Sunday, April 24, 2016

The statue of Chief Justice Taney in Baltimore, Dred Scott, and patent law

Of the dispute over the "de-accession" of a statue of former Supreme Court Chief Justice Taney in Baltimore, wherein a mayoral task force has recommended Taney's statue go elsewhere, one does note that Taney's statue should not be considered a "Confederate" statute. Taney was not a Confederate. And, in fact, there are at least two Taney statues:

The Taney statue is a direct copy of the one that sits on the grounds of the [Maryland] State House
The original Taney statue was commissioned by the state of Maryland and unveiled in 1872,
a year before Congress would approve placing his bust among those of the nation's previous Supreme Court chief justices.

[link: ]

There is an interesting irony about referencing the Taney statue as a Confederate statue.

The majority decision in Dred Scott (authored by Taney) held that neither Scott nor any other person of African descent—whether or not emancipated from slavery—could be "citizen of a state", and therefore was unable to bring suit in federal court on the ground of diversity.

BUT, toward the end of the Civil War, when issues arose of how to count African American soldiers in prisoner exchanges, even the Confederates acknowledged that emancipated African-Americans had to be treated as prisoners, rather than as property (in contrast to Taney's viewpoint).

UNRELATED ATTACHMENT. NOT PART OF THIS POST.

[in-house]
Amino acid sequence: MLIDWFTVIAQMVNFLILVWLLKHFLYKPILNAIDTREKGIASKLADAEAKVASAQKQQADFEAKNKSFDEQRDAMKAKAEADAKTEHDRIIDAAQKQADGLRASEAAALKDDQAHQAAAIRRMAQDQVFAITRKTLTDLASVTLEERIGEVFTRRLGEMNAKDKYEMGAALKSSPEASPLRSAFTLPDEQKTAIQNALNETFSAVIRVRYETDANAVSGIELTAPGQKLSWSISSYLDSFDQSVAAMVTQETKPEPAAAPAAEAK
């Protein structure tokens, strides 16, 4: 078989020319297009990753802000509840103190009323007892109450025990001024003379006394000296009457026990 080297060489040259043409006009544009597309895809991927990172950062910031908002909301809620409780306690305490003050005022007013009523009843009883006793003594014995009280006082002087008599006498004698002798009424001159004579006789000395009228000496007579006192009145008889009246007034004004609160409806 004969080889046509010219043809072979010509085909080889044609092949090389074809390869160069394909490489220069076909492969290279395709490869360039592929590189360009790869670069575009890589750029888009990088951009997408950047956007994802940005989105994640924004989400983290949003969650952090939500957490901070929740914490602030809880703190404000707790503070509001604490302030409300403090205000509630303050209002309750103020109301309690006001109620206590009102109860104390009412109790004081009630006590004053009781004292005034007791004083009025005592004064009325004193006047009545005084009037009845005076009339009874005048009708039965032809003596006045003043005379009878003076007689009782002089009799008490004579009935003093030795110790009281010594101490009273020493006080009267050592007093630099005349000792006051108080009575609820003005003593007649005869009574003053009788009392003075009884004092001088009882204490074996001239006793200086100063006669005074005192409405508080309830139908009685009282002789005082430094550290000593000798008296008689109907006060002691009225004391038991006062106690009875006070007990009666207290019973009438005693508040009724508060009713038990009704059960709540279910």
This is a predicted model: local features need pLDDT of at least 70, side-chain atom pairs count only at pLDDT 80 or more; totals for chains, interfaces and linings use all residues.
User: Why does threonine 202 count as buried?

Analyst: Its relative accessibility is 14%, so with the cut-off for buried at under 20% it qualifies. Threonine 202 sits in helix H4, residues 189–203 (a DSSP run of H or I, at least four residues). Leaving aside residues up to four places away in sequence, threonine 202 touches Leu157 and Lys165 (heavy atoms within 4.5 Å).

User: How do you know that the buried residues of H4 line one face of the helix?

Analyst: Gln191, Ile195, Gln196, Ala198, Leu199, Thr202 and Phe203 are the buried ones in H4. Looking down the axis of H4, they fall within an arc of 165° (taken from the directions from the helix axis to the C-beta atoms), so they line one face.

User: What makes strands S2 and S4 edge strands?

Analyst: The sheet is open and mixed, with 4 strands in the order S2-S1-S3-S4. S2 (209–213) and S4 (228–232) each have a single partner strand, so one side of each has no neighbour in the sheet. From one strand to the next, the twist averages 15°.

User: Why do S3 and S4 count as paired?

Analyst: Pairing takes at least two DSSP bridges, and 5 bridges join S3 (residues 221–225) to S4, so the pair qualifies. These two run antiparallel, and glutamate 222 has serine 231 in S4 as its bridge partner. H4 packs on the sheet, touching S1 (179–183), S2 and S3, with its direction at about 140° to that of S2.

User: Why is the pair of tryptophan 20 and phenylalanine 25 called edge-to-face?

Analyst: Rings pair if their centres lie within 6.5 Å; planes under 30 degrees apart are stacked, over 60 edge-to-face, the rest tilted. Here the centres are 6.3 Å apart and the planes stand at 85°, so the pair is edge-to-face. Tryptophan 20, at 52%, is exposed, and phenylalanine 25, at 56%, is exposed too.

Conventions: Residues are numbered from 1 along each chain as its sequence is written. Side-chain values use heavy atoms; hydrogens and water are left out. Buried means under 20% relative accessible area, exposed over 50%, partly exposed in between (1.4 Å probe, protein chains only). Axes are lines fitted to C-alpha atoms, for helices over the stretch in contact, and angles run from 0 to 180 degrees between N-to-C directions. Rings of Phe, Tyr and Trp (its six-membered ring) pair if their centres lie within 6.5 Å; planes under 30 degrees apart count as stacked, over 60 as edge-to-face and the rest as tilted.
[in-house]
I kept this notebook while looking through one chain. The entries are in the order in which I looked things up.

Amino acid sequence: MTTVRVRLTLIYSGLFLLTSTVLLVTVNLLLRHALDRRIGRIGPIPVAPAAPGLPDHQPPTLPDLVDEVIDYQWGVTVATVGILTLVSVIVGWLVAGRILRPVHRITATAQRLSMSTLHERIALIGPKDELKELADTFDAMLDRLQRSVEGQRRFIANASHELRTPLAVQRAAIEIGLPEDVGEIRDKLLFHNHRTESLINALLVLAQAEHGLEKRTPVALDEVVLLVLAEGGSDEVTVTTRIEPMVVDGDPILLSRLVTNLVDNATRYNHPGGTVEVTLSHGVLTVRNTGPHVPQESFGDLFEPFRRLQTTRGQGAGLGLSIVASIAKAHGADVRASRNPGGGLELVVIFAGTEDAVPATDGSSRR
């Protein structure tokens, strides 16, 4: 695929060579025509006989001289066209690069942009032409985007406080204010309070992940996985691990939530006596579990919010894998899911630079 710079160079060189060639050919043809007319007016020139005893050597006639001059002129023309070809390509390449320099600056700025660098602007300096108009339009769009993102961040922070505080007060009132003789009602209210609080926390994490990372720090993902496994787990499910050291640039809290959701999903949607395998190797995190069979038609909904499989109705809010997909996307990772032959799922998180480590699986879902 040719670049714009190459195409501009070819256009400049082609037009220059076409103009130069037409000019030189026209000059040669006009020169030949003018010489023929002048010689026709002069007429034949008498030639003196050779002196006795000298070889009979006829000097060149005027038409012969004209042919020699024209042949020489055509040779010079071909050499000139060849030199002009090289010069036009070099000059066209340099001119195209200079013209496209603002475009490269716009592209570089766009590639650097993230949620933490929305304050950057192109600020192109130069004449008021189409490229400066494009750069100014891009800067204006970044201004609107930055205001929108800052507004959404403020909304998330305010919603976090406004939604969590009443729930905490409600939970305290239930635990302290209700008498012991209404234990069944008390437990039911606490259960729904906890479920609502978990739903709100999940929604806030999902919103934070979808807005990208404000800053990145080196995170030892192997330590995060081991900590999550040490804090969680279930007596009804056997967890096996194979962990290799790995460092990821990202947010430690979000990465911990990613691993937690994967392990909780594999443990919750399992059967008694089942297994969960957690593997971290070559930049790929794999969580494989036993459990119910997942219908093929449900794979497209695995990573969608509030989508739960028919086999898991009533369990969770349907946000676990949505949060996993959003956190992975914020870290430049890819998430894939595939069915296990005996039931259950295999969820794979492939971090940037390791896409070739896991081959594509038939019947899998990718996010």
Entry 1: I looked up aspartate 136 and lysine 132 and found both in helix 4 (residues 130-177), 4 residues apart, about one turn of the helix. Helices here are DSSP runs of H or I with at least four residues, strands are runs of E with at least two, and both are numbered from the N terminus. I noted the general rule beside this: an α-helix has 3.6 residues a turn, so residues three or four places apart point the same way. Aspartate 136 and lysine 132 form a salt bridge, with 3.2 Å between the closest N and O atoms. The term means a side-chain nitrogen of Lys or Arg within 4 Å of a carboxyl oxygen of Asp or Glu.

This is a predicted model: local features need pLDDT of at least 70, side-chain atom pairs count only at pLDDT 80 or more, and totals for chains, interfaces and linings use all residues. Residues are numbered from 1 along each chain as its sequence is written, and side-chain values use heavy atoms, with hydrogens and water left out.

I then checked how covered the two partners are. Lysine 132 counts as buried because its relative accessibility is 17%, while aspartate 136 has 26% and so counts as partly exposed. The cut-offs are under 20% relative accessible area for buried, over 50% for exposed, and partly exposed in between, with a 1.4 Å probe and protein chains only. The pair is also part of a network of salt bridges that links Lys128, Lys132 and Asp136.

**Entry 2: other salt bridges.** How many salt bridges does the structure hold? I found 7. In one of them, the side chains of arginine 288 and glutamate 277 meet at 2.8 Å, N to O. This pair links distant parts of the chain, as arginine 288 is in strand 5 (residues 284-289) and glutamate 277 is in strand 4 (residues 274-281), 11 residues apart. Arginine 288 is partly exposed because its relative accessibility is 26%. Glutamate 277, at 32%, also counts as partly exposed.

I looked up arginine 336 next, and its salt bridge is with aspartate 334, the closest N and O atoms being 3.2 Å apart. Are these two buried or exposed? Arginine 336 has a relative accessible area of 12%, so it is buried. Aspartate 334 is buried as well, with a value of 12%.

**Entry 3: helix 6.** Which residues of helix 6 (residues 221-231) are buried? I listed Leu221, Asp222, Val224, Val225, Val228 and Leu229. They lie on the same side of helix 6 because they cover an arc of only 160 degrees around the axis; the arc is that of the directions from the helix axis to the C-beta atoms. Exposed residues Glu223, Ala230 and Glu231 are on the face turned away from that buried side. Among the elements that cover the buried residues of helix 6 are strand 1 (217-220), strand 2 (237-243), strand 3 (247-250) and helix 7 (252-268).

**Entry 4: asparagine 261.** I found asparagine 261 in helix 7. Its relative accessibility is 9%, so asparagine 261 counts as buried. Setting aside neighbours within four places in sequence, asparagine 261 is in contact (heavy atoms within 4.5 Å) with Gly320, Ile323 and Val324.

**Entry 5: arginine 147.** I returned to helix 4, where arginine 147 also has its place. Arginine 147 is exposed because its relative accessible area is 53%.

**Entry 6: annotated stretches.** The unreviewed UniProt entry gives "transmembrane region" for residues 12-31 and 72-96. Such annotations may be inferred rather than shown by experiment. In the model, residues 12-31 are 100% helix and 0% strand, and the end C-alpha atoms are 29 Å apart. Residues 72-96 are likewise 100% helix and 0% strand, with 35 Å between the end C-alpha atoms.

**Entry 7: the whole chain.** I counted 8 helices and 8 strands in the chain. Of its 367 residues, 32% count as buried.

Although some commentators have mistakenly referenced Taney as a Confederate (he was on the US Supreme Court during the Civil War, and was not part of the Confederacy), Taney's view was more extreme than taken by the Confederacy in the prisoner exchange matter.

The vote in Dred Scott was basically 7-2, with Benjamin Curtis not only dissenting but also resigning from the Court shortly thereafter.

Curtis was the only Whig appointee to the Supreme Court, and was the first law school graduate (Harvard) to serve on the Supreme Court. Curtis authored the classic decision on patent law's "doctrine of equivalents" (Winans v. Denmead,56 U.S. 330 (1854); Taney was on the opposite side) and Curtis' brother was a patent lawyer.

See for example, Lawrence B. Ebert, Obtaining Sure and Reliable Information, Intellectual Property Today (2000), which begins

"When invention is rife and rights so precarious as they now are under the administration of the patent office, every person ought to have some sure and reliable information in relation to his legal rights before he ventures upon application." n2 "There is scarcely any subject out of which grows more law-suits than that of patents. Every one therefore interested should know what to avoid and what to do." n3 Although words of contemporary wisdom, this advice was actually given about 150 years ago. The problem remains: where to get sure and reliable information?

endnote 2: From The United States Democratic review, Volume 29, Issue 158, page 192 (August 1851) reviewing Inventor's Manual: or Legal Principles, and Guide to the Patent Office by George Ticknor Curtis, brother of Benjamin Curtis, U.S. Supreme Court Justice who authored the opinion in Winans v. Deomead, which crystallized the "doctrine of equivalents."


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